Food safety and zoonotic enteric pathogens: sources, risk factors and transmission routes of human salmonellosis and campylobacteriosis

Mughini Gras, Lapo (2013) Food safety and zoonotic enteric pathogens: sources, risk factors and transmission routes of human salmonellosis and campylobacteriosis, [Dissertation thesis], Alma Mater Studiorum Università di Bologna. Dottorato di ricerca in Scienze degli alimenti, nutrizione animale e sicurezza alimentare, 25 Ciclo. DOI 10.6092/unibo/amsdottorato/5424.
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Salmonella and Campylobacter are common causes of human gastroenteritis. Their epidemiology is complex and a multi-tiered approach to control is needed, taking into account the different reservoirs, pathways and risk factors. In this thesis, trends in human gastroenteritis and food-borne outbreak notifications in Italy were explored. Moreover, the improved sensitivity of two recently-implemented regional surveillance systems in Lombardy and Piedmont was evidenced, providing a basis for improving notification at the national level. Trends in human Salmonella serovars were explored: serovars Enteritidis and Infantis decreased, Typhimurium remained stable and 4,[5],12:i:-, Derby and Napoli increased, suggesting that sources of infection have changed over time. Attribution analysis identified pigs as the main source of human salmonellosis in Italy, accounting for 43–60% of infections, followed by Gallus gallus (18–34%). Attributions to pigs and Gallus gallus showed increasing and decreasing trends, respectively. Potential bias and sampling issues related to the use of non-local/non-recent multilocus sequence typing (MLST) data in Campylobacter jejuni/coli source attribution using the Asymmetric Island (AI) model were investigated. As MLST data become increasingly dissimilar with increasing geographical/temporal distance, attributions to sources not sampled close to human cases can be underestimated. A combined case-control and source attribution analysis was developed to investigate risk factors for human Campylobacter jejuni/coli infection of chicken, ruminant, environmental, pet and exotic origin in The Netherlands. Most infections (~87%) were attributed to chicken and cattle. Individuals infected from different reservoirs had different associated risk factors: chicken consumption increased the risk for chicken-attributed infections; animal contact, barbecuing, tripe consumption, and never/seldom chicken consumption increased that for ruminant-attributed infections; game consumption and attending swimming pools increased that for environment-attributed infections; and dog ownership increased that for environment- and pet-attributed infections. Person-to-person contacts around holiday periods were risk factors for infections with exotic strains, putatively introduced by returning travellers.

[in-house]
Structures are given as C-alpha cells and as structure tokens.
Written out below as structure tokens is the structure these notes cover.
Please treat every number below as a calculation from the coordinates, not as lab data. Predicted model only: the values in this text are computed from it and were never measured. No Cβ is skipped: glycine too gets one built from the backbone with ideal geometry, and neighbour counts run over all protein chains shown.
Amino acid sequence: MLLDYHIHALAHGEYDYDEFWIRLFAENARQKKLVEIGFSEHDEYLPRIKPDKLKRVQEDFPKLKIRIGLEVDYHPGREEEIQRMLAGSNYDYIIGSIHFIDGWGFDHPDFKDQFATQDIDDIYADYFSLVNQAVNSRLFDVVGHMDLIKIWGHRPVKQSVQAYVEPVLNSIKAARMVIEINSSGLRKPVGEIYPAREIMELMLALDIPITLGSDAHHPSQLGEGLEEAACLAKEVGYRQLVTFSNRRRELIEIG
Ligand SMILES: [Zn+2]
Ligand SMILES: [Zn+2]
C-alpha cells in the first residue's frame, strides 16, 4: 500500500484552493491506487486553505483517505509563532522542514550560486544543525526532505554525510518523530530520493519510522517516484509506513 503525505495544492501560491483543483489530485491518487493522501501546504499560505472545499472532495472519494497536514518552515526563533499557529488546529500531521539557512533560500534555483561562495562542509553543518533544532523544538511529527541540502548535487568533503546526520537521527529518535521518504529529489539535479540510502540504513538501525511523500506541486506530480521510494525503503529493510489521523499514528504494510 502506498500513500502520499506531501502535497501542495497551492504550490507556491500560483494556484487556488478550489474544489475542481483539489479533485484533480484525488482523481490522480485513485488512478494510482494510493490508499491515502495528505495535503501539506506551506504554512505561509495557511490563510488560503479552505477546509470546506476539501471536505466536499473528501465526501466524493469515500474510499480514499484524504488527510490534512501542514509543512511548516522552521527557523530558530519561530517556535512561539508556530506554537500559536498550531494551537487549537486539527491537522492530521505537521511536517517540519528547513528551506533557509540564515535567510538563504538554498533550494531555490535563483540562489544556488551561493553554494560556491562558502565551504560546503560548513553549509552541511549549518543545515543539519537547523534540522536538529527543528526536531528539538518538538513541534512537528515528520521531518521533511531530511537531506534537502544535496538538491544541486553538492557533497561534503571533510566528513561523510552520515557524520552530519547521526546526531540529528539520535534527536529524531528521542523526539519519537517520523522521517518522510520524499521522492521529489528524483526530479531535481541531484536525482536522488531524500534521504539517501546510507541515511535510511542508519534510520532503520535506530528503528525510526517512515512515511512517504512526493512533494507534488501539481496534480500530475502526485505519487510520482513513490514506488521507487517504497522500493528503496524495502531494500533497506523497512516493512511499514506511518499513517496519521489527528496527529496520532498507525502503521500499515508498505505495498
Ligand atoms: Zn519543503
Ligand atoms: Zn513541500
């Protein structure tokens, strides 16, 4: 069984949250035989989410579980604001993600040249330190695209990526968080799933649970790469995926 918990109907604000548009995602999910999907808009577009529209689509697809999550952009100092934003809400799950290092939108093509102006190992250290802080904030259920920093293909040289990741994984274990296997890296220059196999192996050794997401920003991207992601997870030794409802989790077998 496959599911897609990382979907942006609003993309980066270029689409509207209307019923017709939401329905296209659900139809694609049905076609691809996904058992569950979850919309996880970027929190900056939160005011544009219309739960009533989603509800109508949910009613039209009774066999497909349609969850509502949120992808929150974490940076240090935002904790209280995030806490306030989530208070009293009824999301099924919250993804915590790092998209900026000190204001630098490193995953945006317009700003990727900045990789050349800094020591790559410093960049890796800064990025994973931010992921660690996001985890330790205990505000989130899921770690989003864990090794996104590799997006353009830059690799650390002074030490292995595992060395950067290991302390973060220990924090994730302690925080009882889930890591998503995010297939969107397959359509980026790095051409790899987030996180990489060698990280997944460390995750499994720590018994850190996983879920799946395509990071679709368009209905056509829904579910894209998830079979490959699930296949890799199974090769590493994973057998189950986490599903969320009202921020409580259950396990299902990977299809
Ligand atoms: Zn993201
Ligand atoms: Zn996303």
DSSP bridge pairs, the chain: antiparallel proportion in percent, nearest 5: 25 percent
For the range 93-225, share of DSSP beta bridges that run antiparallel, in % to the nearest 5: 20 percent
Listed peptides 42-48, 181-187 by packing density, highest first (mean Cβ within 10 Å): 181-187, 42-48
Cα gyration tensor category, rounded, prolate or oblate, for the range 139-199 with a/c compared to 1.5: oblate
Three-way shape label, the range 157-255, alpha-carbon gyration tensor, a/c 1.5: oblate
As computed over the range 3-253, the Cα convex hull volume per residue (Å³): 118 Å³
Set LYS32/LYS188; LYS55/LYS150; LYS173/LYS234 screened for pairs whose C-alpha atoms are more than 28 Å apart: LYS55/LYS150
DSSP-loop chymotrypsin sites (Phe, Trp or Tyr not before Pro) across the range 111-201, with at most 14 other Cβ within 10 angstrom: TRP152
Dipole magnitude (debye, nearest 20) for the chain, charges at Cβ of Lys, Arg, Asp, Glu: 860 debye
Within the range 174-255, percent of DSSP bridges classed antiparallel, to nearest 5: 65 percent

Tipologia del documento
Tesi di dottorato
Mughini Gras, Lapo
Dottorato di ricerca
Scuola di dottorato
Scienze veterinarie
Settore disciplinare
Settore concorsuale
Parole chiave
Salmonella; Campylobacter; food safety; source attribution; MLST; Bayesian analysis; risk assessment; food-borne disease epidemiology
Data di discussione
19 Aprile 2013

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